- Croc Coulter, a heavily tattooed Englishman living in Rarotonga in the Cook Islands, is dedicated to the art
- Tātatau tattooing is the process where the skin is struck with handmade tools of bone or tusks, and ink
- This method creates tattoos of elaborate symmetrical patterns or designs that are steeped in tradition
- Mr Coulter has taken on an apprentice Moko Smith to help pass on the revered Cook Island custom
An English tattooist is the unlikely master of the traditional Polynesian art of Tātatau and he is dedicated to passing on the revered Cook Island tradition.
To ensure the method continues Croc Coulter, a heavily tattooed Englishman from Rarotonga in the Cook Islands, has taken on a new apprentice and is passing on his knowledge.
Tātatau tattooing is the process where the skin is struck with handmade tools of bone or tusks, and ink to create elaborate symmetrical patterns or designs steeped in tradition.
Coulter has never worked with a tattoo machine gun and was an apprentice to the New Zealand Maori tattoo artist Inia Taylor of Moko Ink, who is responsible for the Vivid moko designs in the New Zealand film Once Were Warriors
‘The tools belong to the Cook Islanders. The art of Tātatau was current in the islands. It’s just that colonialism had whacked it out. There’s not anyone else here doing this traditional form,’ Mr Coulter said.
‘I have a lung condition. It’s something I’m born with not something I’ve contracted. Cystic fibrosis is its name and for me it’s been a helping hand. I felt like it was something that helped me engage in life.’
Mr Coulter, 47, was born in Chatham, Kent, southeast England. He moved to Rarotonga in 2008 after getting married to his Cook Islander wife Ani O’Neill.
The method creates tattoos of elaborate symmetrical patterns or designs that are steeped in tradition
There has been a resurgence in the forgotten art form that has for many years been regarded as specifically Samoan
There has been a resurgence in the forgotten art form that has for many years been regarded as specifically Samoan and integral to its culture and that of the Cook Islands.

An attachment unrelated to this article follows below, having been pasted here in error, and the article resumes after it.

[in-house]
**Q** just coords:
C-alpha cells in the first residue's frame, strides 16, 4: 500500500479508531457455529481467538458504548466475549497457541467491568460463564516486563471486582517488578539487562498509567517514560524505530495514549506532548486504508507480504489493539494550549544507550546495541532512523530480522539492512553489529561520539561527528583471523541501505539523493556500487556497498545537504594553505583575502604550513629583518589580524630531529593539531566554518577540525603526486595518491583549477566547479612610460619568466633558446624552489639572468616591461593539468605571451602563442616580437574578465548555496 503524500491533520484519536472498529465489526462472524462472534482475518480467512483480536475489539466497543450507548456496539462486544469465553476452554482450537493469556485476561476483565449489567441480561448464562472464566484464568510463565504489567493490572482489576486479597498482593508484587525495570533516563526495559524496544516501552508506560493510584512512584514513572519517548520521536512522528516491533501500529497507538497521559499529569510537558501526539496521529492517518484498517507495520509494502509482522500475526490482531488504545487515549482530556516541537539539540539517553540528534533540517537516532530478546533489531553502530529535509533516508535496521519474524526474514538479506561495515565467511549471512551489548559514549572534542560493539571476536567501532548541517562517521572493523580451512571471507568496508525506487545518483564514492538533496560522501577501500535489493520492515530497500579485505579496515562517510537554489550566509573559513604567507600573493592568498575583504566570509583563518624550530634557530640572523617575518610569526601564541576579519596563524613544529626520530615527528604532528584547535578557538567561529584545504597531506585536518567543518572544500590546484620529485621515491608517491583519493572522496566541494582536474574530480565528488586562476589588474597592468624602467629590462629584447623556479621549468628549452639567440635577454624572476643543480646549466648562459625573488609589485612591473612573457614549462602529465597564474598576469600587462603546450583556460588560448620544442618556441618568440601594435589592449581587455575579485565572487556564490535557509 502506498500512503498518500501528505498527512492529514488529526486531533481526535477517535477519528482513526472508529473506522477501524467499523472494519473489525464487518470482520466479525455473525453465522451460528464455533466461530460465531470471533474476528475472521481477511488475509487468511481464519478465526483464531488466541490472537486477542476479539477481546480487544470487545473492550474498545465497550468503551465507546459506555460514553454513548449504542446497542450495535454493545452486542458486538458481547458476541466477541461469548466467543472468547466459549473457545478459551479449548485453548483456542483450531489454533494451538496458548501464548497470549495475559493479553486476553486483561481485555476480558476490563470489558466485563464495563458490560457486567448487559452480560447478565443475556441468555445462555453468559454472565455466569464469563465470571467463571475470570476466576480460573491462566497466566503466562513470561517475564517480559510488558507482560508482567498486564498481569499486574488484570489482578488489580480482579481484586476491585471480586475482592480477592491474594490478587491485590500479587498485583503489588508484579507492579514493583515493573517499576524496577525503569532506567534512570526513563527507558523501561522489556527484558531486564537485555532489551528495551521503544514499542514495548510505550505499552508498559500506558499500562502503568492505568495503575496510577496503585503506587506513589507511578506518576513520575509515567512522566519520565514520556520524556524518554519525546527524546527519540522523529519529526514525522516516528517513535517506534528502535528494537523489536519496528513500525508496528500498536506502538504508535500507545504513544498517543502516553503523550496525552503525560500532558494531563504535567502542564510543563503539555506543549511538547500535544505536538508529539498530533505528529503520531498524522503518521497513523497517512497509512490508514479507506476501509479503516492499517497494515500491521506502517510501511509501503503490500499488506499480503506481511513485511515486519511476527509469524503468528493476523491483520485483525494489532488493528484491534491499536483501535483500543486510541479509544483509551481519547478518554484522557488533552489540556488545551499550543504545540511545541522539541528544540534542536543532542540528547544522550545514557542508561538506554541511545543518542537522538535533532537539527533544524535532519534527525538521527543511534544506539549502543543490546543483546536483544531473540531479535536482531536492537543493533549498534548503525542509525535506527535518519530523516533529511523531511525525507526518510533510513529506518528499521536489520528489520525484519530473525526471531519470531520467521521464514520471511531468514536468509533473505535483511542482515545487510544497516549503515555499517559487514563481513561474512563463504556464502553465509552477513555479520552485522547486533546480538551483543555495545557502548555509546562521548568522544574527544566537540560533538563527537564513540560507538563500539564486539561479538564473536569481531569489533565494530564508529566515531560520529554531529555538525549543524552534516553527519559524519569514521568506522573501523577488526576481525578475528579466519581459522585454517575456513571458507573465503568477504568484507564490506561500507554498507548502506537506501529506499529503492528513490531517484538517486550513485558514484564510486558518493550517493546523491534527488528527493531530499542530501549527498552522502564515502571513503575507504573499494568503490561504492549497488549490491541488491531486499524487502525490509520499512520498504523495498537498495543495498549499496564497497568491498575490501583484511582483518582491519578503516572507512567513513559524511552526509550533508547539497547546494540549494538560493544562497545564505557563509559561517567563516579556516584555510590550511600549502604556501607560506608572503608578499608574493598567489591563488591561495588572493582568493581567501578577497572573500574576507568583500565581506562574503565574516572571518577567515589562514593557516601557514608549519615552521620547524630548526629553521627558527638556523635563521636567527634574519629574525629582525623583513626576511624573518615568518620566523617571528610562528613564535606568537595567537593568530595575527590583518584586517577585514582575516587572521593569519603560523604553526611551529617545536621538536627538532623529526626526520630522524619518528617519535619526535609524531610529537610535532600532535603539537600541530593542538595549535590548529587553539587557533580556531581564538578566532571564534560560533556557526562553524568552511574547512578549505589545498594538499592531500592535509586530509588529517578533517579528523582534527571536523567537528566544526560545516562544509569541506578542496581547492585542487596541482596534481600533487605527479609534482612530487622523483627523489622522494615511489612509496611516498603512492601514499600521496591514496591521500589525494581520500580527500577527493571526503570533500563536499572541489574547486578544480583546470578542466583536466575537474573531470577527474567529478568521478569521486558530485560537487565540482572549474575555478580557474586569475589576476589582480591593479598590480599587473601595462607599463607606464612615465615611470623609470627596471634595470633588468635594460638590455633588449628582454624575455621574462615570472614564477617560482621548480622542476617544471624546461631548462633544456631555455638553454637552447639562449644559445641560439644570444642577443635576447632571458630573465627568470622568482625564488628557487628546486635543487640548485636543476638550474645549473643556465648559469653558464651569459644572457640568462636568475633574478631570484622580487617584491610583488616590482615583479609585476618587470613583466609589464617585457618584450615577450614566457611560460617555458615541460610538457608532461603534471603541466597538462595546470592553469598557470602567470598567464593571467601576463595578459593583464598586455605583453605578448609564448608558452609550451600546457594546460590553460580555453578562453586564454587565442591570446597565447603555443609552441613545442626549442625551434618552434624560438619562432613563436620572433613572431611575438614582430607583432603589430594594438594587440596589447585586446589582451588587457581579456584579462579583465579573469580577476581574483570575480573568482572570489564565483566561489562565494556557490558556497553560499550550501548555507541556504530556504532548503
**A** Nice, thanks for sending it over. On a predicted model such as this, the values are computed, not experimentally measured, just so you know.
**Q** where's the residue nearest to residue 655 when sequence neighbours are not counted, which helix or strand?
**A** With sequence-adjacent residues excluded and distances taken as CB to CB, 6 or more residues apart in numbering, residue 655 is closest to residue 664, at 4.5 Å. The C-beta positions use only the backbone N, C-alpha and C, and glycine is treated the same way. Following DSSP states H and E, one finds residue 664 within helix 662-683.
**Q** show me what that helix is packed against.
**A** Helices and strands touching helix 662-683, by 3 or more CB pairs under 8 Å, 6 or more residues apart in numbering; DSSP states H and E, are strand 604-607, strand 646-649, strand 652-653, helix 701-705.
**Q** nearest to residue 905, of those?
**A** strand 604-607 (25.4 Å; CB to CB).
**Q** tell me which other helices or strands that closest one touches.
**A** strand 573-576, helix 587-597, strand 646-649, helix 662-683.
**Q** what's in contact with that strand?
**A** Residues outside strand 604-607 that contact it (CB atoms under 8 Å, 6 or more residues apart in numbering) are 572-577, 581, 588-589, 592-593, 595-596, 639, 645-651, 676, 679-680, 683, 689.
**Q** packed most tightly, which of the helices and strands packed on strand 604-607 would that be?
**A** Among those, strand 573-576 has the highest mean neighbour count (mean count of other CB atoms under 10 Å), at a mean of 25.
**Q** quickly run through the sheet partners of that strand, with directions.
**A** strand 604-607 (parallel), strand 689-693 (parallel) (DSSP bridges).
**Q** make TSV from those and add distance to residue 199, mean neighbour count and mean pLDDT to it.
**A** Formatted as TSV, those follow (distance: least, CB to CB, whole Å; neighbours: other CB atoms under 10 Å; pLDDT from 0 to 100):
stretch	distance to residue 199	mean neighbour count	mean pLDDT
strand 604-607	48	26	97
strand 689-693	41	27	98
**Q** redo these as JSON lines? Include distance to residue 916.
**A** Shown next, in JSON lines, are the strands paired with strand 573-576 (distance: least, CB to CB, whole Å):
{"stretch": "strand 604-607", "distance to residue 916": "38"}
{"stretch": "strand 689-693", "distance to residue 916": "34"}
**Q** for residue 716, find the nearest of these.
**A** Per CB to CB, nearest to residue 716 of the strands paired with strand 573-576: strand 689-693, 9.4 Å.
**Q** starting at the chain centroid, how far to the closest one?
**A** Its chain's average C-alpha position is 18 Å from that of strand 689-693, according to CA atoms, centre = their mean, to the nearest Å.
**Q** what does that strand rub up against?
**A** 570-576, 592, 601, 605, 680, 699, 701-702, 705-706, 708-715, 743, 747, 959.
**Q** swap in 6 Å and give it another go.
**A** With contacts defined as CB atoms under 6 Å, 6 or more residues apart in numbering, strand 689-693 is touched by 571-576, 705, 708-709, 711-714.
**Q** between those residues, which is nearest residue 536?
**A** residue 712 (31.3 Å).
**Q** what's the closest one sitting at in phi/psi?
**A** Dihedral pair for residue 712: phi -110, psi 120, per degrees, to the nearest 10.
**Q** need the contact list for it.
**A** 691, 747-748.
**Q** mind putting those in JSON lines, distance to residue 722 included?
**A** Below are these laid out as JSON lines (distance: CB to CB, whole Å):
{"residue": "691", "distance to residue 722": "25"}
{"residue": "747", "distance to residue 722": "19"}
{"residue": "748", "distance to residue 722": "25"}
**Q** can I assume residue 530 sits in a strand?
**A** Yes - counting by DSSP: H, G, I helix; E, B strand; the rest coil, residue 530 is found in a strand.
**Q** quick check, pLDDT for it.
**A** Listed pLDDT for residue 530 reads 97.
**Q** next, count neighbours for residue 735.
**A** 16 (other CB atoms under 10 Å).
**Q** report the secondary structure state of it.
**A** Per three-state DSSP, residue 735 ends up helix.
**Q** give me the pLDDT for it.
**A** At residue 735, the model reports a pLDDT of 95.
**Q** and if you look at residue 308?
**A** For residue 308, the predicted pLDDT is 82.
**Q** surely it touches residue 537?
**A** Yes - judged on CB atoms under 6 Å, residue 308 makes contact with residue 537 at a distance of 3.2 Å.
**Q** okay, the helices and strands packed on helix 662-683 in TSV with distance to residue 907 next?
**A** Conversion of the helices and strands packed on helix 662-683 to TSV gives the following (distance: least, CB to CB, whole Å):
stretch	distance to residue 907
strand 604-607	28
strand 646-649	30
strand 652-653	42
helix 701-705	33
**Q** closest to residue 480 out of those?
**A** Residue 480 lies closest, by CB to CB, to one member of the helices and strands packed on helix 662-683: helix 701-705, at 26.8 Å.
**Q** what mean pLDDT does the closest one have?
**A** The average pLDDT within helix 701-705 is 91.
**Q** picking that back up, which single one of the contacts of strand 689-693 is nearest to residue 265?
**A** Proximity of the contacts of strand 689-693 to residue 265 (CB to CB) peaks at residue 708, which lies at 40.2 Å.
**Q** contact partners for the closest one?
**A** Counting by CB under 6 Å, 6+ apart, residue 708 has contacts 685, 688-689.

Like all Indigenous art forms, the relationship between the artist and the apprentice is important. In order for the traditional practice to continue, the knowledge must be passed down, said Mr Coulter.
Moko Smith is Mr Coulter’s new apprentice and a lot now rests on his shoulders to keep the tradition going.
‘What makes Moko a good student is that he carries the tools very well and he takes the responsibility very seriously,’ Mr Coulter said.
‘I think the importance of teaching and having the apprentice helps to pass on something that has been done for a very long time. Now sharing that with Moko confirms it.’
Mr Coulter said that for the traditional practice to continue, the knowledge must be passed down to others
The process includes a ceremonial start before he dips his tools into an ink pot before beginning the tapping of the tattoo on the person’s skin.
‘The responsibility with the tools is an important one, because the tools do not belong to me and have been handed down, so it’s my responsibility to ensure they are in safe hands,’ he said.
‘It’s like being a caretaker of everything and using it with love, compassion and respect.’
He dips his tools into an ink pot before beginning the tapping out the tattoo on the person’s skin
Mr Coulter gently puts together the ancient tools that are used in making the tattoos
via The Daily Mail